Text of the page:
Just getting started

hi wayne
looks like you a pretty good fire already
I’ll post some pics of my stove

here’s another pic my computer is mad at me

Matthew - Here is a diagram of a gasification boiler.

Thomas - Looks decent. Sounds like it does a great job of heating water.

I just finished my boiler and will do a leak down test tonight. See how much psi it can hold. I also have a monotube flash boiler I am going to implement in my design. It was off my pressure washer and I was able to turn10 gpm of water to steam if I turn the temp above 1/4 dial. The coil is 100’ long.

Hi Wayne
That’s what they call a wood gun i think pretty nice but i was afraid if it cracked you would have to cut it apart
Mine works good but looks like crap and is probably not very effiechent
Post some pics if you can


I also considered going the full time generator route, a few thoughts though. One thing I have heard a fair amount of talk on is controlling your frequency, woodgas is not consistent in it’s potency like gasoline or natural gas because no two pounds of wood are exactly the same. That said, here is how I am planning to overcome this.

I am from the standby emergency power background, and a prime power quality generator will cost you some $$$. If you can make due on 10kw,
a brushless alternator generator head is fairly affordable and will give you a fair amount of use before she dies. Rather than trying to be 100% off grid, I find that it would be more practical to build yourself a cogen/peaking system. In doing so you can utilize a grid tie high voltage inverter (Fronius makes some really nice ones) these are meant for solar systems with the panels wired in series, they reach upwards of 300-600 volts and make 10 kw via 10 awg wire which is cheap and easy to install. Most of these units will NOT work in “island” mode, they use the grid frequency for their reference and push out as much KW as they have power for. This works out in your favor in two ways;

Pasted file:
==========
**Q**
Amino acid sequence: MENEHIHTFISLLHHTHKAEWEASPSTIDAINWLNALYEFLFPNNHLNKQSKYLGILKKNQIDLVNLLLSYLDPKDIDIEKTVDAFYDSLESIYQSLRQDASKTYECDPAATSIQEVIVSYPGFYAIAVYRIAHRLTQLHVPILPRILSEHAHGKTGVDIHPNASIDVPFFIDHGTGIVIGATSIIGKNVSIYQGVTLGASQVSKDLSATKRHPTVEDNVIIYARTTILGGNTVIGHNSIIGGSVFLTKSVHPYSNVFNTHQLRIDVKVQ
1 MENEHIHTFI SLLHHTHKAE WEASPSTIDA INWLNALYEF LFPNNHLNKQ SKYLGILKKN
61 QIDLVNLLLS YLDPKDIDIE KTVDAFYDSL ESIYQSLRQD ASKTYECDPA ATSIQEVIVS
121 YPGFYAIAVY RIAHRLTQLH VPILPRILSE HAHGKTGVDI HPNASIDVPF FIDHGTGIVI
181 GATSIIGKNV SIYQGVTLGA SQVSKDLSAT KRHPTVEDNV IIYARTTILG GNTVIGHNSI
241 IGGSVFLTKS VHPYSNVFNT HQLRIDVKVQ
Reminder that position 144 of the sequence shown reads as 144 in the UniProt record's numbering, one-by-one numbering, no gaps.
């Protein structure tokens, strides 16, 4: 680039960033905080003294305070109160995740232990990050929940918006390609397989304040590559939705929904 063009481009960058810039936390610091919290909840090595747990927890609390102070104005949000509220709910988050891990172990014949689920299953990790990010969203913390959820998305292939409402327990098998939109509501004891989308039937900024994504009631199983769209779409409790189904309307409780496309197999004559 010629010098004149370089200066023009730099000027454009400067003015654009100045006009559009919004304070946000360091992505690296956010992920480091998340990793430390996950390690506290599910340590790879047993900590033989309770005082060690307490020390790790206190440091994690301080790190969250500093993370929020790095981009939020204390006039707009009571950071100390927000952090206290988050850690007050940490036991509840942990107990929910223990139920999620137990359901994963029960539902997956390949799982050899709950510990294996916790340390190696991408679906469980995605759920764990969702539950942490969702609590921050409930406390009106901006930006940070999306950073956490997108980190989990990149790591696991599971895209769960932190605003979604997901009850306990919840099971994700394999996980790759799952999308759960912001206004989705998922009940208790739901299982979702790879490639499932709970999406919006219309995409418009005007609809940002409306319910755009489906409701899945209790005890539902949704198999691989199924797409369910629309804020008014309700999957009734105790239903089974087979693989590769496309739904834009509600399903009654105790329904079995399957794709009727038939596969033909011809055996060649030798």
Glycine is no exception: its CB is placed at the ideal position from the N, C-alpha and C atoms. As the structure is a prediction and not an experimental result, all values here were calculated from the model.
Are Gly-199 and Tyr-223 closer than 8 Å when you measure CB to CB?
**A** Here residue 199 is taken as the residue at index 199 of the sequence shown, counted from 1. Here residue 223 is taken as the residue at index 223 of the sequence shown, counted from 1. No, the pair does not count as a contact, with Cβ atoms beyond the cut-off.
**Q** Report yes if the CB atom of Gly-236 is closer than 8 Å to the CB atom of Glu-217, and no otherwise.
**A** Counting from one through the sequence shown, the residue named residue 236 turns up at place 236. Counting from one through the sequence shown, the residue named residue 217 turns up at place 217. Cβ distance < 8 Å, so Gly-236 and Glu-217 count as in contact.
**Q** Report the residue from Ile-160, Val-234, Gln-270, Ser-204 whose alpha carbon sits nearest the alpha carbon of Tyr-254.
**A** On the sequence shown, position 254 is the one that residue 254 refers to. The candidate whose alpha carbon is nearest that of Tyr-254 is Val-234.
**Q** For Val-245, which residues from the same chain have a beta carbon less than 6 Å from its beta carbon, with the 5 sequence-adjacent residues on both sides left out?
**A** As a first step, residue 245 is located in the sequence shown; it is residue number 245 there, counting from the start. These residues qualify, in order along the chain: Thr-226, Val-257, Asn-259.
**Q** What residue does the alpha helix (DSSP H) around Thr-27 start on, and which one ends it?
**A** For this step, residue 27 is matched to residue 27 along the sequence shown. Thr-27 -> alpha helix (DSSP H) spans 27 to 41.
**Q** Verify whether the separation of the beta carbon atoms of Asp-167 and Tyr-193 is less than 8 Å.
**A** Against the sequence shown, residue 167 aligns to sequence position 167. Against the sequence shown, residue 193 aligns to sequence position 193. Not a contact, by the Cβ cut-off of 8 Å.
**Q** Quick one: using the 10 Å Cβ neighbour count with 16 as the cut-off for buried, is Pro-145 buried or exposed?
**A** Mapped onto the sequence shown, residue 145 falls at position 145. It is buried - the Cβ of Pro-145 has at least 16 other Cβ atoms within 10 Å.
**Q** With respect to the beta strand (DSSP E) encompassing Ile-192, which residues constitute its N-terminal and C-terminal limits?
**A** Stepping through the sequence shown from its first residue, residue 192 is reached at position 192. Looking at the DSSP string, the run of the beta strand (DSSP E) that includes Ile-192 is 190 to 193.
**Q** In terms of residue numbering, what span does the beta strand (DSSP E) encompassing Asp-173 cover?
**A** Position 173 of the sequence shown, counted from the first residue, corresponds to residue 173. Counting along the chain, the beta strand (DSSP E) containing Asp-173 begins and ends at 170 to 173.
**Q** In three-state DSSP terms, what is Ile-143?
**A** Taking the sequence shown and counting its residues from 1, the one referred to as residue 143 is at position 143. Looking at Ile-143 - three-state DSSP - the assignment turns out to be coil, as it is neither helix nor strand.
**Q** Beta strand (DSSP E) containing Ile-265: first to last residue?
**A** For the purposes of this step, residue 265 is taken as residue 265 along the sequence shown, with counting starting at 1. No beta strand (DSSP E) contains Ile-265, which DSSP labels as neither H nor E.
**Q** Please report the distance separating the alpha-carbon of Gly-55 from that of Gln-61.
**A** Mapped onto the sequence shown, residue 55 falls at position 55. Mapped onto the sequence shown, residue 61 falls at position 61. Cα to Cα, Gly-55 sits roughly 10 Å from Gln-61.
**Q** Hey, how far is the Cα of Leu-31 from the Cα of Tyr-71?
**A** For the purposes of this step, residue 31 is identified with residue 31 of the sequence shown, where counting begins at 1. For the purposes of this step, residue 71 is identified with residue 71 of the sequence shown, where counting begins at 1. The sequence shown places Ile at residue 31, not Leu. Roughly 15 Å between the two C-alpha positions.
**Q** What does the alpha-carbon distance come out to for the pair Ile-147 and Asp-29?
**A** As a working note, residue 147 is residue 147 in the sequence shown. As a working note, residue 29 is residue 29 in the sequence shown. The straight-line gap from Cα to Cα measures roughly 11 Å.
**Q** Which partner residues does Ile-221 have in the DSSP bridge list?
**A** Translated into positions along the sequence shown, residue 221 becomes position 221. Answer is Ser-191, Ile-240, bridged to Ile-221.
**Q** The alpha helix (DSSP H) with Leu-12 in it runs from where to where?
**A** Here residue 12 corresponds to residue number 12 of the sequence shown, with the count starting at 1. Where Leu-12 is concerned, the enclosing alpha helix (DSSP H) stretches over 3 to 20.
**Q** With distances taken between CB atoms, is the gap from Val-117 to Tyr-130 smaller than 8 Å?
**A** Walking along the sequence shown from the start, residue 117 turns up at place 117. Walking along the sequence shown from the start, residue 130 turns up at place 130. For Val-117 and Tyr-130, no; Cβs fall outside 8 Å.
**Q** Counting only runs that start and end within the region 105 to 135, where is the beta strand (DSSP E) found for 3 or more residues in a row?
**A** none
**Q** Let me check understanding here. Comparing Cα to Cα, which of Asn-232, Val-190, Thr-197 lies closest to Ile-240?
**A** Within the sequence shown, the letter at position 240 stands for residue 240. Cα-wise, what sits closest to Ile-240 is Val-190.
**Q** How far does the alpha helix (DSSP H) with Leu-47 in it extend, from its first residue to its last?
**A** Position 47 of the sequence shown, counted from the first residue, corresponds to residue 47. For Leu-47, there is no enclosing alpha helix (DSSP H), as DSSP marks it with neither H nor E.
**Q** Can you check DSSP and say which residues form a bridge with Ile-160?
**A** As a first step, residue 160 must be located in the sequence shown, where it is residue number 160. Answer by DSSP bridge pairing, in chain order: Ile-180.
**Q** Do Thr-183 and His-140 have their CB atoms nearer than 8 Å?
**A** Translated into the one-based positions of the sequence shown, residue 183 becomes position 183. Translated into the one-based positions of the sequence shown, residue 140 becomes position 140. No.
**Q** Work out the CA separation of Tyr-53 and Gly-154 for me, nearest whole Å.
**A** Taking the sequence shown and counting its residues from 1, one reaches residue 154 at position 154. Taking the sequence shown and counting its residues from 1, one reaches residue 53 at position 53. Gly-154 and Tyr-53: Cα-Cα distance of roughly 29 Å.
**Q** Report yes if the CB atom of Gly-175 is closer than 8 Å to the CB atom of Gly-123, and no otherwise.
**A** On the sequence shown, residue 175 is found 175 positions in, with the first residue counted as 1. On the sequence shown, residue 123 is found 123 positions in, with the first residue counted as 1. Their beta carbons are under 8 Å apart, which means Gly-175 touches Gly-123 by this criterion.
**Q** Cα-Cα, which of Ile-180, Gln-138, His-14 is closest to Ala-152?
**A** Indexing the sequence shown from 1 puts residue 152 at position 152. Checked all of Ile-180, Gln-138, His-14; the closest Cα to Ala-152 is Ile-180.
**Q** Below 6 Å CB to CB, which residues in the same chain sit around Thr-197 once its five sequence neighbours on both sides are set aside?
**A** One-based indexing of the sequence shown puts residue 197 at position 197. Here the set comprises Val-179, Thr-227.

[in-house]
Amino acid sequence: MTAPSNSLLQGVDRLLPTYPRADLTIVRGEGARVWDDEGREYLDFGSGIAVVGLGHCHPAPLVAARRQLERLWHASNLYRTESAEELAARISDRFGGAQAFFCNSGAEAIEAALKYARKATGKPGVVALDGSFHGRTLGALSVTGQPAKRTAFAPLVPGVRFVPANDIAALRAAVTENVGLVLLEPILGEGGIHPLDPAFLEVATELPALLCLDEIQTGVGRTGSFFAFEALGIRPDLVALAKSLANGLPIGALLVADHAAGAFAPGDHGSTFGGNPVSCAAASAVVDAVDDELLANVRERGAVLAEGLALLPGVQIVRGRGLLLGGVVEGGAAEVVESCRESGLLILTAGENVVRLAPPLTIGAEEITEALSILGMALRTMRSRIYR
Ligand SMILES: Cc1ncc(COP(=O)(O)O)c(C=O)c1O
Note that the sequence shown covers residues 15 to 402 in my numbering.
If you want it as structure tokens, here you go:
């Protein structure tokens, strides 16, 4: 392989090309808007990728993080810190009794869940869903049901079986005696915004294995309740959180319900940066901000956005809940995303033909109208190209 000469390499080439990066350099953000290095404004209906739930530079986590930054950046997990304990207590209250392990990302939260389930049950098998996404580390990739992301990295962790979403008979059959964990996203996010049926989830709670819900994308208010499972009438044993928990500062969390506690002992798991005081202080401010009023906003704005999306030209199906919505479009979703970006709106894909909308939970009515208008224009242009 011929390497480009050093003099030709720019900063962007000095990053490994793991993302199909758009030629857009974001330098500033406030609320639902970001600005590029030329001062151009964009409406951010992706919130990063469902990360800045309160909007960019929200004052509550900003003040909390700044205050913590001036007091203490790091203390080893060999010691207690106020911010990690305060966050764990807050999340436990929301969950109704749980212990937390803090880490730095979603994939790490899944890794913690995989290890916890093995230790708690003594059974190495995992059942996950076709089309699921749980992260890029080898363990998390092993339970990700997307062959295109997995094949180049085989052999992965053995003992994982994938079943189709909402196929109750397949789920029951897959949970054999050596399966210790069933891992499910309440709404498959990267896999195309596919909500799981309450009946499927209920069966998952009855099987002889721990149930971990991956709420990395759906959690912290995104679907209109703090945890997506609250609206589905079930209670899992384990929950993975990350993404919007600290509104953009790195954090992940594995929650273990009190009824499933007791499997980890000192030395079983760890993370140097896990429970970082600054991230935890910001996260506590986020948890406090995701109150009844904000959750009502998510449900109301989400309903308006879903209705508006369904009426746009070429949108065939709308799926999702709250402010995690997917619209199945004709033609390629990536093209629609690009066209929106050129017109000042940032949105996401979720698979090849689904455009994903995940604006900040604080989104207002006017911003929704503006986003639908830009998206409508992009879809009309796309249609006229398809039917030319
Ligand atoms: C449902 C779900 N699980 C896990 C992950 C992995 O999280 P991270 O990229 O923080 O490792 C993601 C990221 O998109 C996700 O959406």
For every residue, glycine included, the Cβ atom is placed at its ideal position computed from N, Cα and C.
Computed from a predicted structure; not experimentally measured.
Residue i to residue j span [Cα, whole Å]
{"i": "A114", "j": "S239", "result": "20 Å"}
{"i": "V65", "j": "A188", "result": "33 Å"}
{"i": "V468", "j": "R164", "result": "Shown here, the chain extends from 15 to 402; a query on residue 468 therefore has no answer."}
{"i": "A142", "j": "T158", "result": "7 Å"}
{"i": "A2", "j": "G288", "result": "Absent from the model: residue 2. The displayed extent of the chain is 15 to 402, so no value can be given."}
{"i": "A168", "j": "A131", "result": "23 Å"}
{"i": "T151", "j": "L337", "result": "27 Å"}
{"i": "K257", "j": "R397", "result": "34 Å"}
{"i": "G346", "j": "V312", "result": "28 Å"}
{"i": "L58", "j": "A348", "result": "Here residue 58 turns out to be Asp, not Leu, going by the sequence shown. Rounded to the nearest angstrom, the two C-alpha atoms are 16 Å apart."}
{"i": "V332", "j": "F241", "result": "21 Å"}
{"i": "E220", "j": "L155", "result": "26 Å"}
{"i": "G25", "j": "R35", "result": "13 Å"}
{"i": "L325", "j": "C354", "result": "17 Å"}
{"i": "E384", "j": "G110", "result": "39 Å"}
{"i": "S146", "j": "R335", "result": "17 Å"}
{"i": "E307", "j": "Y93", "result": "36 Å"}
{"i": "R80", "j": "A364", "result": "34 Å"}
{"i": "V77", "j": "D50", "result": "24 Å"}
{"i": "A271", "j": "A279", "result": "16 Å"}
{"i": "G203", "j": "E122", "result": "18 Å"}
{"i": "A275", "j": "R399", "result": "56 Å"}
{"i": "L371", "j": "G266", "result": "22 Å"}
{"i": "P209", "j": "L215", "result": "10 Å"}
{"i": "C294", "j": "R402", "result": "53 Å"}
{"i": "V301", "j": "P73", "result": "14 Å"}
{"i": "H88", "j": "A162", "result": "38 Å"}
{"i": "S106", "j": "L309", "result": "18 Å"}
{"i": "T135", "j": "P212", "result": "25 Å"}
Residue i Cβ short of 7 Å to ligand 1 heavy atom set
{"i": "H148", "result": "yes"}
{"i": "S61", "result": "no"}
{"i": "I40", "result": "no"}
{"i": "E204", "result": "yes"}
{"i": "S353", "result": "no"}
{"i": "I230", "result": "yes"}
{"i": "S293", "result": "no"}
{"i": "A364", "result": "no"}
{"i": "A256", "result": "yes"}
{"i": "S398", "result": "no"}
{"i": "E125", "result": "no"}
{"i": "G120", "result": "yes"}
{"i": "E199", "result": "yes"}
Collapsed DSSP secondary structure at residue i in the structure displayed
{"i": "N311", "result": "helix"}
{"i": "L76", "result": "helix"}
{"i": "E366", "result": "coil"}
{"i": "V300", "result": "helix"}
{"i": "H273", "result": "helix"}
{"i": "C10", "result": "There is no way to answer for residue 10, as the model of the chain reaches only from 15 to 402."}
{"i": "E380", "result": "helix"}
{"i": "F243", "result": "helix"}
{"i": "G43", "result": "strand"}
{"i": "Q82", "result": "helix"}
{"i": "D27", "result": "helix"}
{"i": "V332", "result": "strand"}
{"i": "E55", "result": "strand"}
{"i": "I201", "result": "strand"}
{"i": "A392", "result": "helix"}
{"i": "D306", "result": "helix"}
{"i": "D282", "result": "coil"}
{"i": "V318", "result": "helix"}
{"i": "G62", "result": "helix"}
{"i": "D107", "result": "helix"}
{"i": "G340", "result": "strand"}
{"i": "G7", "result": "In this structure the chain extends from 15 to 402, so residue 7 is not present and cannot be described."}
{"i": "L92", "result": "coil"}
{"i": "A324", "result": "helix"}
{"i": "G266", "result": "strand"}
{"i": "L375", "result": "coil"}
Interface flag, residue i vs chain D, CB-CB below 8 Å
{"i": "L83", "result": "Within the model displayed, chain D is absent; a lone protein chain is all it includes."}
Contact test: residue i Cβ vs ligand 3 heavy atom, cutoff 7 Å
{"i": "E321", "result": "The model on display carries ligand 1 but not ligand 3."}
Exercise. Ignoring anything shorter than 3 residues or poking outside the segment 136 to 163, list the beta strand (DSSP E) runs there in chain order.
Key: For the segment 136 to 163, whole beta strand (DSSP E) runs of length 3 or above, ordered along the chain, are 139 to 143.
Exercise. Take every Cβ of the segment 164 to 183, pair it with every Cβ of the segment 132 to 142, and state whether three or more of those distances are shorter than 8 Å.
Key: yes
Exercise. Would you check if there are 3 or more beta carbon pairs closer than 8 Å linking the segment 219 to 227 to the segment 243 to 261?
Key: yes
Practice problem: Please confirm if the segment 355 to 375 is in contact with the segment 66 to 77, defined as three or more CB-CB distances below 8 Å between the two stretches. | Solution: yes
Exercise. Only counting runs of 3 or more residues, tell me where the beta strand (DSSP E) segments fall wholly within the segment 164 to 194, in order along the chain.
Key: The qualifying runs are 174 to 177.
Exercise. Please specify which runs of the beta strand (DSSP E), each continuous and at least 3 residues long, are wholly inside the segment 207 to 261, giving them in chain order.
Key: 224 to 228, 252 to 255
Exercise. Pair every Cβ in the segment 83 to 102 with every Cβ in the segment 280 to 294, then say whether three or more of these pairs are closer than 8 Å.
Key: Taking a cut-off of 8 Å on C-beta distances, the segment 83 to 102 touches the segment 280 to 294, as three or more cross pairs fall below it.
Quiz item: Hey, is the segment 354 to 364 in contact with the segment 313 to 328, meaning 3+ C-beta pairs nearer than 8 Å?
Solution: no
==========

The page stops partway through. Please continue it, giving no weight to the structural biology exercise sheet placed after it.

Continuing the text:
1. You don’t have to run/fuel a generator 24/7 - that’s a lot of fuel no matter how you obtain it. Also, unless running the gen at close to rated power you are losing a lot of the energy your fuel is producing.
  2. You no longer care what the frequency of your generated AC is.

Here’s the why on #2 - if you produce 240V from a 10KW brushless alternator and RECTIFY to DC via full wave bridge rectifier, you’ll have around 336 volts DC (when rectified, voltage is peak to peak, not RMS) use a couple large caps to stiffen it up. Now this high voltage dc feeds that fronius grid tie which then produces nice clean true sine wave power and exports it to the grid spinning your meter backwards (unless you have a smart meter, in which case you’ll need the utility companies blessing) the older meters will just spin backwards. Caveat - to be legal you must ALWAYS be registered with the utility, so they know all sources if a disconnect is needed. Personally I don’t worry about it because the instant the utility goes out, the unit immediately goes under-frequency and cuts off (in milliseconds) but there it is if you must be by the book.